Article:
For three summers now, BCWC has grown oysters in an upweller demonstration project on Hyannis Harbor in partnership with the Massachusetts Oyster Project and the town of Barnstable. The tiny oyster spat are only 1-2mm (the size of a grain of sand) when first placed in buckets in the upweller. They filter phytoplankton (algae), nutrients and sediment from water pumped into the tank from the harbor – growing bigger and cleaning the water at the same time. Once the oysters reach 25mm (the size of a quarter), they are put in protective mesh bags and relocated to a suitable growing habitat in the Three Bays estuary. Here, the oysters will continue maturing and improving water quality in our local waters. Once they are big enough, approximately 3 inches, the oysters can be harvested by local recreational shellfishers. This year we are set to raise 120,000 oysters, which is the same as last year. In three years, we have grown almost 300,000 oysters!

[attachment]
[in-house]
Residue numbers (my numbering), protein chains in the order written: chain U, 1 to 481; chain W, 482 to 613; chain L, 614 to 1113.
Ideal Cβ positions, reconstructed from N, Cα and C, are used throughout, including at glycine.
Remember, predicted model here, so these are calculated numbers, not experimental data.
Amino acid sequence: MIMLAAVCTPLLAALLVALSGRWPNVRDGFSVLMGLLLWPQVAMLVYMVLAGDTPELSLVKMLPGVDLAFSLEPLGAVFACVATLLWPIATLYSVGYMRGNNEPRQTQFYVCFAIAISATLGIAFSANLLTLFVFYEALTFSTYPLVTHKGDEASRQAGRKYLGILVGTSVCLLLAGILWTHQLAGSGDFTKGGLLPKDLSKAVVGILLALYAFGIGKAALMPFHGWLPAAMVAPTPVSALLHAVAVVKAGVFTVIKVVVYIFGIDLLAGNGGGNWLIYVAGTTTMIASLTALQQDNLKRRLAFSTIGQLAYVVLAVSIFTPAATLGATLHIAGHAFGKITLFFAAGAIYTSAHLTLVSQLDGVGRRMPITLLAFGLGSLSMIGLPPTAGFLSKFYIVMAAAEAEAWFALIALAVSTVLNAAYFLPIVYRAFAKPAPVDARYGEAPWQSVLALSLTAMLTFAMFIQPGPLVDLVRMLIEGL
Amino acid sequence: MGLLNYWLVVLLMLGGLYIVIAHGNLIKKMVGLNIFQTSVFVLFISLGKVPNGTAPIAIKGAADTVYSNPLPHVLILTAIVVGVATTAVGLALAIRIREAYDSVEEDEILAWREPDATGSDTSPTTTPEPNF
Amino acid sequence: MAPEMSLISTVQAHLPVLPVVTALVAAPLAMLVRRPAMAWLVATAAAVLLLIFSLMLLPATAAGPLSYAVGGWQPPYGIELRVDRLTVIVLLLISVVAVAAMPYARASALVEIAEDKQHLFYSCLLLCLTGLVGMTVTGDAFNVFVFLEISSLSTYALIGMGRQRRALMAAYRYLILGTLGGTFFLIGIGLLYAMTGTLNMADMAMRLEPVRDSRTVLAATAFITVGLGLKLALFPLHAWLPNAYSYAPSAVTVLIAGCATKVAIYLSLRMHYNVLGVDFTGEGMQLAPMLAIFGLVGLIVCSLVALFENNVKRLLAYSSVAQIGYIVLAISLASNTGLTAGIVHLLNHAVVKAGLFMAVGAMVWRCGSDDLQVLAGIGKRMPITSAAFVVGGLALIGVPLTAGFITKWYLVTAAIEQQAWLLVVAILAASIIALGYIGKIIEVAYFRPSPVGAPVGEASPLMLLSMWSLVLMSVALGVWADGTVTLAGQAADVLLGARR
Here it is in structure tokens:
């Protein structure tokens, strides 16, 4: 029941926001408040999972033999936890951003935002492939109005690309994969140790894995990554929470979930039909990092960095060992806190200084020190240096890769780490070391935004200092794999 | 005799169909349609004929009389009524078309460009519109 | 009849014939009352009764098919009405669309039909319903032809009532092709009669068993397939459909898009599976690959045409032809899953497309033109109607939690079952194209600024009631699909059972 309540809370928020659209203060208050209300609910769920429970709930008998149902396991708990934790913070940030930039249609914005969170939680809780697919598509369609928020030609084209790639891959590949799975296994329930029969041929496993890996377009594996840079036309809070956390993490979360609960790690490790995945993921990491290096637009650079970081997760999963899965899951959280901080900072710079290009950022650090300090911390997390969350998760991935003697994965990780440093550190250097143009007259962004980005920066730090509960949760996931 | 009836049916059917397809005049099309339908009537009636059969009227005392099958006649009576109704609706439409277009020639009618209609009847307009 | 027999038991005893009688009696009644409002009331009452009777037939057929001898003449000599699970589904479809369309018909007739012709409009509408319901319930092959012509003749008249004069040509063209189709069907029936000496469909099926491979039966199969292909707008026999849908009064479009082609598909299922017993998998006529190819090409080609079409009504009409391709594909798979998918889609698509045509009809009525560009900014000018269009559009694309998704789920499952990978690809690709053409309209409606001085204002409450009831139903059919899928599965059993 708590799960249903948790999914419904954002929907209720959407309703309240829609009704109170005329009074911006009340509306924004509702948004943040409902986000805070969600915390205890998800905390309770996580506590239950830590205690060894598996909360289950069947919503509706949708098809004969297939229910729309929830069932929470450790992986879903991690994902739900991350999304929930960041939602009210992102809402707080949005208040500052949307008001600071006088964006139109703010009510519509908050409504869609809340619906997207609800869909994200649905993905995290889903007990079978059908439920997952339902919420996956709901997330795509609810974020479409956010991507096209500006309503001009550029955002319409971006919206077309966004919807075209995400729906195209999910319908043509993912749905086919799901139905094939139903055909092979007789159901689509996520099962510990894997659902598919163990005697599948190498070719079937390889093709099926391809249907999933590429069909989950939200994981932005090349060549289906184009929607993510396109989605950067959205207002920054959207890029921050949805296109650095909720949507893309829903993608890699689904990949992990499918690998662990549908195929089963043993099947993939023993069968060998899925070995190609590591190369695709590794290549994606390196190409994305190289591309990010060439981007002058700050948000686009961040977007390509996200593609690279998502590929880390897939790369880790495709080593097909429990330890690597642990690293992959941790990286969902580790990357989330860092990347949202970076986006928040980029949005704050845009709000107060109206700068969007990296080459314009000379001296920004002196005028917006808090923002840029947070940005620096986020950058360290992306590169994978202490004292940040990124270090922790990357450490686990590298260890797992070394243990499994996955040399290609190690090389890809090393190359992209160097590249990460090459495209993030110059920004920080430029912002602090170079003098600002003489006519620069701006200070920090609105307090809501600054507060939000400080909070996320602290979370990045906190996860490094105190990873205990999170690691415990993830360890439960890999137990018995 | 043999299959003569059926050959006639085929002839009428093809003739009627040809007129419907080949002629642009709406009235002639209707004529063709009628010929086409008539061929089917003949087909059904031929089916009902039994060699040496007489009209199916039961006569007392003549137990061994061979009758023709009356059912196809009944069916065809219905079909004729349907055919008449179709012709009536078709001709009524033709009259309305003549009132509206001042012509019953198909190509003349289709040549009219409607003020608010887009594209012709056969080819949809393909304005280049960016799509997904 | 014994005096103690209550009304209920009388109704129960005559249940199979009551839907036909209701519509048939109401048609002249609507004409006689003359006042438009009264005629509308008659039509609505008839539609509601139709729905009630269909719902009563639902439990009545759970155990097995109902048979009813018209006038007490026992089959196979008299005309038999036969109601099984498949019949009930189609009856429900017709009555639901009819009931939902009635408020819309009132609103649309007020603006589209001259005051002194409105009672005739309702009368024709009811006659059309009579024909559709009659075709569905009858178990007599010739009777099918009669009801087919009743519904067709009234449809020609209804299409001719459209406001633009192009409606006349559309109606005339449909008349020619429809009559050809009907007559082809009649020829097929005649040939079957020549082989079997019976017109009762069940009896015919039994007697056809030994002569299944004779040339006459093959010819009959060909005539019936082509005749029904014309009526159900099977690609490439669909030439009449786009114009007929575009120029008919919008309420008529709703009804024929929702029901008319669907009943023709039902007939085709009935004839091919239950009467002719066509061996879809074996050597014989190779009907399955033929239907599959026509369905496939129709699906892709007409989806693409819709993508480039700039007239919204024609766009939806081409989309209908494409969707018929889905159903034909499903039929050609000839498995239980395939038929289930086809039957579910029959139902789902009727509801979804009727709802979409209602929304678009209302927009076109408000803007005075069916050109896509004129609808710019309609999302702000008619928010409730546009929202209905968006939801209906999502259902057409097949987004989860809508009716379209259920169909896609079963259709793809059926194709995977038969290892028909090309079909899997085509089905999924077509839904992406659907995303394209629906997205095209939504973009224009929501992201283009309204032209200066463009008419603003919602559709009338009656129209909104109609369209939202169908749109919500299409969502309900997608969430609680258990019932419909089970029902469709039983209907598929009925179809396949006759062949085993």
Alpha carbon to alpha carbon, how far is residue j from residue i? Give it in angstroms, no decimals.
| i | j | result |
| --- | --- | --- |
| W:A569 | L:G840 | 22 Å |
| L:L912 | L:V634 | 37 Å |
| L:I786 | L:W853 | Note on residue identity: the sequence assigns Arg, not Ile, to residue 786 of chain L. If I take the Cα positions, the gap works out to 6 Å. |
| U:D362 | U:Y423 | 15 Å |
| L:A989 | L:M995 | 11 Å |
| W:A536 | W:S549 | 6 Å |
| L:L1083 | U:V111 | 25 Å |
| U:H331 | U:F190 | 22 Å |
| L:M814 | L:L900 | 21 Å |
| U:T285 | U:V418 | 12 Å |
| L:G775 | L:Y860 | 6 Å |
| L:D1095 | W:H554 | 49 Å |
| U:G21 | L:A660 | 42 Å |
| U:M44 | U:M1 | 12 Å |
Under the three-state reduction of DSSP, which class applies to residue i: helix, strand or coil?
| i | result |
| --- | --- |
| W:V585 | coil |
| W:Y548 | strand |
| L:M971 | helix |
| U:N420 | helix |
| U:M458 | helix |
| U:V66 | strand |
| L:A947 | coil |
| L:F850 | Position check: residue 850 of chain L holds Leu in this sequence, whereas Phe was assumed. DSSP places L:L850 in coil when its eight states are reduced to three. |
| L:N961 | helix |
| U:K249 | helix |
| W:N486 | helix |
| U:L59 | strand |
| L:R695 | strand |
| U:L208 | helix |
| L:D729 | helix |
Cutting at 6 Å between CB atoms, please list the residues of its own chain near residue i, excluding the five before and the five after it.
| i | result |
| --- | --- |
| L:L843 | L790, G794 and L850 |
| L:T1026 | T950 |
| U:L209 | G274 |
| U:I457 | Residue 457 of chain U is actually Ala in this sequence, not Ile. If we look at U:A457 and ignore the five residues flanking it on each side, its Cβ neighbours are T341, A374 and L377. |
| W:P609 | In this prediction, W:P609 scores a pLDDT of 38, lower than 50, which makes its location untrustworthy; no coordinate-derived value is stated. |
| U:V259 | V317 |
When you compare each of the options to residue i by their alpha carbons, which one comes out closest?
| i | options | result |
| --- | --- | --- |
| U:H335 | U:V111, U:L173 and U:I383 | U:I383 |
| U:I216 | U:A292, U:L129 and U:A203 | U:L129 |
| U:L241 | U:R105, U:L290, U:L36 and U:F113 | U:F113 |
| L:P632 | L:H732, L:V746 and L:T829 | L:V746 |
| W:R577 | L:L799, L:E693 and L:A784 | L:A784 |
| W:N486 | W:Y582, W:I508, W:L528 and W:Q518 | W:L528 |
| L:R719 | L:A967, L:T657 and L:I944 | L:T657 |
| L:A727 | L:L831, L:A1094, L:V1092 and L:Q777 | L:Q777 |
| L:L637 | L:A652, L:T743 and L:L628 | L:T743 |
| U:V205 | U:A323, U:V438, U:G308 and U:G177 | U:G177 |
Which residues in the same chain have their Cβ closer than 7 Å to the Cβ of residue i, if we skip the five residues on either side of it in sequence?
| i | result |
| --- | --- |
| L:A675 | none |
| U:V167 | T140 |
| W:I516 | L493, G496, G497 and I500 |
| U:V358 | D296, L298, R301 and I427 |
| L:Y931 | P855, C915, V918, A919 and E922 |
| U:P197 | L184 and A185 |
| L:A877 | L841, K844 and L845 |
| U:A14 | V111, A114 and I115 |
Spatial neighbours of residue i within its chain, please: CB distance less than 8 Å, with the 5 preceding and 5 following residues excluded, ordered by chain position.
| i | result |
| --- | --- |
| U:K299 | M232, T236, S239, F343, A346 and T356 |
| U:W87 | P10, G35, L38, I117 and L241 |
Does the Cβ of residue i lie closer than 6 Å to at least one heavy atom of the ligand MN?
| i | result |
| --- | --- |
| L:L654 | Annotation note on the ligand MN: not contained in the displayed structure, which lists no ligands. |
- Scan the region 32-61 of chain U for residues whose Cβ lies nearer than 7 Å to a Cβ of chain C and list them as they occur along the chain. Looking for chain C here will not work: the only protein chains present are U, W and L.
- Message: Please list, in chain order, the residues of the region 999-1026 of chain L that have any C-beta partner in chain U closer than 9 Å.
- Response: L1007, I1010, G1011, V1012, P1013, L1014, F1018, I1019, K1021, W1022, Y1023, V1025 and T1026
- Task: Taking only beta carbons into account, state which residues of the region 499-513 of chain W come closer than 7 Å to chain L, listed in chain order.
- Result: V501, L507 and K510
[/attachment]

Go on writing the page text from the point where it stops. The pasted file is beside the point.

This summer, we were lucky to have three amazing aquaculture interns caring for the oysters – Caroline Davock (a biology major at Smith College), Drew Kelly (an environmental science major at Lafayette College) and Jack McCann (a wildlife ecology major at University of Maine). BCWC would especially like to thank the Barnstable Association for Recreational Shellfishing (BARS) for their generous donation to help fund the operation of the upweller this year.
Our 2020 water stewards, Hannah Crawford (BS in zoology from Miami University of Ohio), Julia Fone (an economics/environmental studies major at Wesleyan University) and Emma Taccardi (PhD in marine biology from University of Maine), have spent their summer out on Dead Neck Sampson’s Island. On the island, the water stewards have been educating visitors and boaters about the barrier island’s ecology and wildlife. In addition, they have been busy monitoring six locations in Barnstable for invasive marine species and collecting water samples and associated water quality data throughout the Three Bays estuary.